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20 Years of Potter

Harry Potter was born to the world 20 years ago on Monday, but how has his story continued to live on with each new generation?

When author J K Rowling arrived in Edinburgh, in 1993, she had with her three chapters of what would become the highest grossing franchise in the world of literature.

Eight years later, the boy wizard would find his way to the big screen, thus creating another billion dollar franchise only surpassed by the full extension of the Marvel Cinematic Universe.

But while the films will eventually grow old, grainy and uninteresting to the younger generations to come, her books have proved timeless, enchanting young and old alike.

The young sorcerer's road to stardom was a rocky one, having been rejected by a number of literary agents before receiving an answer.

"It was the best letter I had ever received in my life," she said. Bloomsbury agreed.

The books have been a consistent bestseller for the publisher, scoring more than 500 million copies worldwide.

It allowed Bloomsbury to reposition itself as an academic and professional publisher, while holding on to its golden goose.

Last year, it launched an illustrated version of the first book, Harry Potter And The Philosopher's Stone, and saw its children book's revenues grow by 57%.

But what makes this young adult story of a boy predestined for magic such an inter-generational success?

1. Everyone can relate to it

Whether you are more of a Hufflepuff or a Gryffindor, there is enough room at the Hoggwarts School of Witchcraft to accommodate every personality.

Even among the three main characters, Harry, Hermione and Ron, there are three very dissimilar moulds for the young reader to relate to.

And the "Potterverse" is full of well-crafted secondary characters, which often steal the spotlight from the young hero.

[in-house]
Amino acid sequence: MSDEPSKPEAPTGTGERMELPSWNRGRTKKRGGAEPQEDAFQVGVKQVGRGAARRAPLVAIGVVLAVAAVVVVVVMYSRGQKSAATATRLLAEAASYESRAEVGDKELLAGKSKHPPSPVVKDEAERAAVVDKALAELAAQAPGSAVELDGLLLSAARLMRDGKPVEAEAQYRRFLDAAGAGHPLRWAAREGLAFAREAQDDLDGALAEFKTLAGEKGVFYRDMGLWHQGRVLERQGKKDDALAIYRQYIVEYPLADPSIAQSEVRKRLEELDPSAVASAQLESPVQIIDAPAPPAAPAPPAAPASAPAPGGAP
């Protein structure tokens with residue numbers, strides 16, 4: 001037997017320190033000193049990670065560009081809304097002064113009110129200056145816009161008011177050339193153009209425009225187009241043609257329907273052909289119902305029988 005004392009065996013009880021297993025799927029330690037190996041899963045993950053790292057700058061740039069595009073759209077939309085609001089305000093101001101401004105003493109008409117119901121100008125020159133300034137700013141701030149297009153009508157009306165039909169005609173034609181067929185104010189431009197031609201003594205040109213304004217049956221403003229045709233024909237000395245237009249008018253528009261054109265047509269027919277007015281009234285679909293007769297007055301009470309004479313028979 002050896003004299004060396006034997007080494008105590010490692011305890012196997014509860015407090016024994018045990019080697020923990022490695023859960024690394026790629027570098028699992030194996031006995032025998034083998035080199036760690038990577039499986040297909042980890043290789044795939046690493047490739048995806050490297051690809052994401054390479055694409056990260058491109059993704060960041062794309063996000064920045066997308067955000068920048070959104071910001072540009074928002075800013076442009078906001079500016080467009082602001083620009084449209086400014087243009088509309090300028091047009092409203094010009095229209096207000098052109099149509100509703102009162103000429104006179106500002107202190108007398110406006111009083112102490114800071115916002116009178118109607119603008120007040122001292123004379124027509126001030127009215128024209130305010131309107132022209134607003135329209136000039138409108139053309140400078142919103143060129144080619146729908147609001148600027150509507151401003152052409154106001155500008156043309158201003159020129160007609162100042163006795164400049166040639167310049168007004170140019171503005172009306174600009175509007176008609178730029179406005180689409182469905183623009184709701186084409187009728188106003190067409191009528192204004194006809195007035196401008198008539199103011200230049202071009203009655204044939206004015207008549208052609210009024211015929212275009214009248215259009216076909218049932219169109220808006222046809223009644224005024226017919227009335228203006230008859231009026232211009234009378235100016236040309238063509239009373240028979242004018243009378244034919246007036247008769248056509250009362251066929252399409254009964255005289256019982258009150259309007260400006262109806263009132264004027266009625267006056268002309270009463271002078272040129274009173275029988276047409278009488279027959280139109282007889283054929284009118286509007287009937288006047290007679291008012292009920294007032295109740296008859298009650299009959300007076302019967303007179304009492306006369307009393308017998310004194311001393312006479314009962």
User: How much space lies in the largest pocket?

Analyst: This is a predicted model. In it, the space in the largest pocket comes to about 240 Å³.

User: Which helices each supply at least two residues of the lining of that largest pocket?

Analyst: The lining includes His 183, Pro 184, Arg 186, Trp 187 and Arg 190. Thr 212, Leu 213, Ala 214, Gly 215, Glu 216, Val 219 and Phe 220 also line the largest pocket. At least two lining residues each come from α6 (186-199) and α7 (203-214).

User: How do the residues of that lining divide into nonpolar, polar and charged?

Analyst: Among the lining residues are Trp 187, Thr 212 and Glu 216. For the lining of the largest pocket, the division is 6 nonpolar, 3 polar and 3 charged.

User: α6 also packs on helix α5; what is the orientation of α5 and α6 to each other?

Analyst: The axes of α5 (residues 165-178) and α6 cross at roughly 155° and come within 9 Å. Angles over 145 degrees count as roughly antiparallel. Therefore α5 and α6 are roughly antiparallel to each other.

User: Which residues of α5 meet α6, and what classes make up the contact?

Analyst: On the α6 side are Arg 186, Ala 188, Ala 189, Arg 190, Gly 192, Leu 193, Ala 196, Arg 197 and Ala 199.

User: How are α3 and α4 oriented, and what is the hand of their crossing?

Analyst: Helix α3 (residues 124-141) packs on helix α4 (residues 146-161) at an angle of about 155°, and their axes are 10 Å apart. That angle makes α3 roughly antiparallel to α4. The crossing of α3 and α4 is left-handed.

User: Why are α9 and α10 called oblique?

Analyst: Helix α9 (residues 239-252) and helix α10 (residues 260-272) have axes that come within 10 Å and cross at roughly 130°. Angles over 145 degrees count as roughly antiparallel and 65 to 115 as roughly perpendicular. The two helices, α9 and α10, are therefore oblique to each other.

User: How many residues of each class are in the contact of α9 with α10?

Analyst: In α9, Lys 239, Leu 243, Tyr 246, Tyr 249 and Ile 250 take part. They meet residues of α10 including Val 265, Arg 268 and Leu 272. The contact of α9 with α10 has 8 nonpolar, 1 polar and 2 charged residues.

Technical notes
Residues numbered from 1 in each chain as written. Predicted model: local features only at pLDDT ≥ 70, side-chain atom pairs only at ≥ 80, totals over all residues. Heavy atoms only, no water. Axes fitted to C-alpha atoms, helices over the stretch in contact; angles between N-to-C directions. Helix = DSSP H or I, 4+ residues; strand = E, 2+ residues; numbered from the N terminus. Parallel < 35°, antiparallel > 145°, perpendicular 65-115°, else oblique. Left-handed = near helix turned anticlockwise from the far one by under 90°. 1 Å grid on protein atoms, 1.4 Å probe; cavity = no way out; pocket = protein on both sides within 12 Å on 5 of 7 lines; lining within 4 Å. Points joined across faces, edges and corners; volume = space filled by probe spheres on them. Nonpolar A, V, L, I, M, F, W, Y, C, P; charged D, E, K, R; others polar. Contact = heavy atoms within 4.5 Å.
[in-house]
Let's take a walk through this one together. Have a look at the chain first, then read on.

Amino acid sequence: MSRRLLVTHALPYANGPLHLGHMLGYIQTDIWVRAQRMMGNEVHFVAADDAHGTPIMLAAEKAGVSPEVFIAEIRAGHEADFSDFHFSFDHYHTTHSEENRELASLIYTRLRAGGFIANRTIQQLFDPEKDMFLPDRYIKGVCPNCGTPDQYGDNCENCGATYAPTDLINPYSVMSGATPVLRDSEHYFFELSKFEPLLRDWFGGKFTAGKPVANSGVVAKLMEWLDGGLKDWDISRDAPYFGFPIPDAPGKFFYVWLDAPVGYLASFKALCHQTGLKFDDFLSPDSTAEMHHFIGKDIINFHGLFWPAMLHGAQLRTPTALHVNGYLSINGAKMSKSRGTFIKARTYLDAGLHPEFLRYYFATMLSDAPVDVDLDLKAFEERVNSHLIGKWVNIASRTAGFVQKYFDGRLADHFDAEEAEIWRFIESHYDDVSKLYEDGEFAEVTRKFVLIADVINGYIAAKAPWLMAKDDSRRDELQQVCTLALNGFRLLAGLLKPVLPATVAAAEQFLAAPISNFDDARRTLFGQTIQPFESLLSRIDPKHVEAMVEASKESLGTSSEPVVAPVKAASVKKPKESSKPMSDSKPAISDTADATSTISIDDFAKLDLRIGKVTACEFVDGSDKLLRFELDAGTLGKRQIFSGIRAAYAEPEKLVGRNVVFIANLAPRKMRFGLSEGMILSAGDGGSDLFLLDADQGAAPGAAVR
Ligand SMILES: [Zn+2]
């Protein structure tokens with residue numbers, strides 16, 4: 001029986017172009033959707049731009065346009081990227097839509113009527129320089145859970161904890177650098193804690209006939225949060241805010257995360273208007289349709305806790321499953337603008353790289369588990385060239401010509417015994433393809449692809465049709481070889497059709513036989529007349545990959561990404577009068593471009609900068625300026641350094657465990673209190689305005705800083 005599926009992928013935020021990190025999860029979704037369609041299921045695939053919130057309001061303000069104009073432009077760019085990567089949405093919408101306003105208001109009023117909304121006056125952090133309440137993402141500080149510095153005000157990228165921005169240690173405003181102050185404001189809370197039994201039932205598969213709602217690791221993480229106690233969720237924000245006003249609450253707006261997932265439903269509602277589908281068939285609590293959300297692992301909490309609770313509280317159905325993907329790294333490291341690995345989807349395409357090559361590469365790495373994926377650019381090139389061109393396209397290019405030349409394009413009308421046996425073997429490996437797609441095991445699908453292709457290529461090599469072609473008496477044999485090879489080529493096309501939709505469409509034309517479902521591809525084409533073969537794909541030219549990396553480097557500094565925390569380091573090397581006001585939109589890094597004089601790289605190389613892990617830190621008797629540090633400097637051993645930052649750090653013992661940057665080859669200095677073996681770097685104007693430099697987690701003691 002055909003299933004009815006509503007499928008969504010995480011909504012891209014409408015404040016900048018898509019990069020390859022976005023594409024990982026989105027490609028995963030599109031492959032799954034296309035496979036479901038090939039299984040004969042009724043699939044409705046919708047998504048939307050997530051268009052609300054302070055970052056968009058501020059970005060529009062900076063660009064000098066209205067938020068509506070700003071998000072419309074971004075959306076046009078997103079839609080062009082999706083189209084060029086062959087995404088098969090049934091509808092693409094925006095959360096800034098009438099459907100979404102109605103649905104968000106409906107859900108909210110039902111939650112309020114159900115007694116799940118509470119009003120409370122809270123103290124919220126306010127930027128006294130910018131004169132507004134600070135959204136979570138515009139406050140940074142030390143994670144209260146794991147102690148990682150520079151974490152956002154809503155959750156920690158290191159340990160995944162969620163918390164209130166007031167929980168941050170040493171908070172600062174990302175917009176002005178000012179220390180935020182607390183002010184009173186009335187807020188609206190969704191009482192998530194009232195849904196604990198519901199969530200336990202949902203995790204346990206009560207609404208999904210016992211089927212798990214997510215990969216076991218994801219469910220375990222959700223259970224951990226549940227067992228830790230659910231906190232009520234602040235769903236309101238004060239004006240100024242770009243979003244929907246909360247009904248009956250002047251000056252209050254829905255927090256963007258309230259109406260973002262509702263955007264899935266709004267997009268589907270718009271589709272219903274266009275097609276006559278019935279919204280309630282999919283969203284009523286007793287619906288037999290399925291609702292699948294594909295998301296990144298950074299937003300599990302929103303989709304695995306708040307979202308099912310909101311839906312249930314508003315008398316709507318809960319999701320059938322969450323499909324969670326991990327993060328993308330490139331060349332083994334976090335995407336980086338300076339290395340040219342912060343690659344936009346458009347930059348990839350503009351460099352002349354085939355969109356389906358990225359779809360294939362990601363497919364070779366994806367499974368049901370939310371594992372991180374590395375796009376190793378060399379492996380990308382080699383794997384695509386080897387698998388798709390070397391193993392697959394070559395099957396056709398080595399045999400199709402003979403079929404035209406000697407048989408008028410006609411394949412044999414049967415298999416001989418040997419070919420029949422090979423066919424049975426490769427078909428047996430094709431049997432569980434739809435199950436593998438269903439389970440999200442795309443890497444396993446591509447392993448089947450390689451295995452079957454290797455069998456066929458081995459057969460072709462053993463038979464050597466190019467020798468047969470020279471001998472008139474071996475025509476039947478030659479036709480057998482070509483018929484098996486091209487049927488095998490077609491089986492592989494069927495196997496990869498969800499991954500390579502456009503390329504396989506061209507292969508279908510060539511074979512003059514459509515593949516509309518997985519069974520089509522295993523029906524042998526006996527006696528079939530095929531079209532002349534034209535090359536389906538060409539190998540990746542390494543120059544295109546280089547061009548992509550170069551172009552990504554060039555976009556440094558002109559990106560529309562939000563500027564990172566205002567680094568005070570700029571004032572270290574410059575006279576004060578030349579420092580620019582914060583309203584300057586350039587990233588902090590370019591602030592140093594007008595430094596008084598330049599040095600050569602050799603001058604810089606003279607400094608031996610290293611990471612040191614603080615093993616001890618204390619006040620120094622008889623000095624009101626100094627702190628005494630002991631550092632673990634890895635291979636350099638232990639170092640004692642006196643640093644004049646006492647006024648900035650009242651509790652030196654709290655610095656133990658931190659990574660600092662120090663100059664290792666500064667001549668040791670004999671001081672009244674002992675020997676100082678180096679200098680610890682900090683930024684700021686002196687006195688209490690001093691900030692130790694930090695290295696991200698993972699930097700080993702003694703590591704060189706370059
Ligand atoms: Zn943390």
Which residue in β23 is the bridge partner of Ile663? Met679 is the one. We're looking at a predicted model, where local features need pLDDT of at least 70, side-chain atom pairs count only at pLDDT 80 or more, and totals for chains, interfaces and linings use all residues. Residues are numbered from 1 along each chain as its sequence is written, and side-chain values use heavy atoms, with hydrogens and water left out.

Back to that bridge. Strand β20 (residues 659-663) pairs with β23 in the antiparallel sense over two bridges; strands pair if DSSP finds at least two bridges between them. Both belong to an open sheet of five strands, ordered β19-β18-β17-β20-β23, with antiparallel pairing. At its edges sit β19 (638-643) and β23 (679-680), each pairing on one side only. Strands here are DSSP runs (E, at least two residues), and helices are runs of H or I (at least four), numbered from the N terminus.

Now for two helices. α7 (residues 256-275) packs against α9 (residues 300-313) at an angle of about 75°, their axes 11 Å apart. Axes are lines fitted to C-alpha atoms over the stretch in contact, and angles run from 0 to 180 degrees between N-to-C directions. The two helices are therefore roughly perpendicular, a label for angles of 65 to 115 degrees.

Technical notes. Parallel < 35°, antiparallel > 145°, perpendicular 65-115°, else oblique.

2. It balances politics and morals

While most young adult series are set in an alternate future where the hero has to fight an oppressive regime or a corrupt government, J K Rowling managed to very wisely base Potter's politics in moral, not in ideals.

While you can see Hermione Granger fighting for the rights of house elves, or an evil lord trying to rid the world of the half-blooded, you never read heartfelt political speeches or radical militias trying to bring down an empire.

Even Dumbledore's Army, arguably the most organised movement in the books, is just a group of wizards coming together to fight evil.

This is because the politics in Harry Potter are not about left or right, but right or wrong.

This has not stopped many real life groups from appropriating Potter themes for their political campaigns. From anti-Trump to anti-Corbyn, Potter references have been used by both sides to criticise the other.

3. It is too violent for children

One of the reasons why children love the Potter books so much, is that they are often more violent and serious than any other young adult series.

Tackling issues like childhood trauma, death, fear, evil, deceit and the danger of losing yourself in front of a magic mirror, the books have a very mature approach to coming of age.

Killing not one, not two, not three, but four of its most beloved characters in just seven books is as bold as it is honest.

4. It has great villains

Just like in comic books, a hero is only as captivating as the sum of his baddies.

Spider-Man is hardly the best comic book hero, but has undoubtedly the best villains.

In the Potter series, we are just as attracted to the complex characters from the Order of the Phoenix, as we are to the followers of the Dark Lord.

The mad Bellatrix Lestrange, the evil educator Dolores Umbridge, the miserable Peter Pettigrew and, of course, Lord Voldemort himself.

He Who Should Not Be Named is not a two dimensional villain who wants to inflict chaos in the world, he was once a very intelligent boy, who grew up in an orphanage.

His hate for muggles (non wizards) derives from his hate for his own origins, since he is a half-blood himself.

5. It is really, really good

Let's be fair, most YA novels will never be considered literary classics. But Rowling, while not among history's greats, does have a writer in her.

The Potter novels are not just a commercial formula crafted cunningly by their author, they are great because they are original, beautiful, creative, well-written books.

Because words, you see, are "our most inexhaustible source of magic".

Sky News (c) Sky News 2017:

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